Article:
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Wednesday, 25 May 2011

Lwando’s demystifying of tribal sculptures yields peculiar results

By Andrew Mulenga

Another painting from Lwando’s
Stereotyped IDs shows a figurine
adorned with multi-coloured beeds
‘Afrocentric’, the two-man exhibition by Chilyapa 'Danny' Lwando and Nezias 'Neziland' Nyirenda that has been running at the Henry Tayali Gallery in the Lusaka showgrounds yielded some interesting results last week, particularly on the part of Lwando.
Two weeks ago, Lwando revealed that the "Stereotyped IDs" series  of his paintings for this exhibition were inspired by viewers' squeamish reactions to classical anthropomorphic African wood carvings and masks, the kind that unenlightened Europeans or the global west used to refer to as 'fetishes'.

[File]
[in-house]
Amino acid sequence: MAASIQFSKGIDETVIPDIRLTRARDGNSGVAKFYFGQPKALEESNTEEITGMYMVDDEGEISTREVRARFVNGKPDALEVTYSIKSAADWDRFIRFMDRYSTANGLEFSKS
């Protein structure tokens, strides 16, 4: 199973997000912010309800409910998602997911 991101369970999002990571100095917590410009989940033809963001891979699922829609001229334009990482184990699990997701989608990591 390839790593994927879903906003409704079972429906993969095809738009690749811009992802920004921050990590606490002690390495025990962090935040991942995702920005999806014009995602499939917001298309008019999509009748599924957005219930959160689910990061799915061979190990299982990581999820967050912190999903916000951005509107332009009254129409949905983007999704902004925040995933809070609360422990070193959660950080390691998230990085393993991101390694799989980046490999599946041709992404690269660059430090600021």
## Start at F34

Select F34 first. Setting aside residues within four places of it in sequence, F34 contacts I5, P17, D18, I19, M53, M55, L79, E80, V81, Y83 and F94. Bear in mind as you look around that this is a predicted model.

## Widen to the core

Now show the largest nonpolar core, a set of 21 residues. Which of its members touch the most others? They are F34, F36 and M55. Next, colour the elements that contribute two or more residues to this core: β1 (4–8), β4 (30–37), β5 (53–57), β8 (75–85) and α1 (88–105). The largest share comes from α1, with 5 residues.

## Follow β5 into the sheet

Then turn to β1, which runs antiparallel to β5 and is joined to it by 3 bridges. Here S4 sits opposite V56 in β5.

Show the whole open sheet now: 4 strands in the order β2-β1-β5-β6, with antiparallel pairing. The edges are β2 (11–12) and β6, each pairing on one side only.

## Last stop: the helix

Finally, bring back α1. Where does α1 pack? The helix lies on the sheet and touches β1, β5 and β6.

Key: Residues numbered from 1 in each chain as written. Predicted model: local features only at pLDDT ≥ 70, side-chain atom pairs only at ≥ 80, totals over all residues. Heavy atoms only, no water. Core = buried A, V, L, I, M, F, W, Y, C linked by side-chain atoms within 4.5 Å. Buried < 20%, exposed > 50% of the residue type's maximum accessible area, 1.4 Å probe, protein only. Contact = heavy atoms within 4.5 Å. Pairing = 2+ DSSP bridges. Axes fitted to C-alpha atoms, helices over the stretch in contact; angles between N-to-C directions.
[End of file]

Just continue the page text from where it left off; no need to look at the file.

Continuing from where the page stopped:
"The reason why I went into this is because of the different reactions people had when I was doing a photographic documentary on these objects. (African) people are generally scared of them because they are believed to be used for magic, but honestly, some were just used by chiefs as ornamental objects. But people, especially black Zambians are still scared of them," explained Lwando. "They were actually small sculptures, collected by a white man, from different parts of Zambia and Congo, but mostly congo.”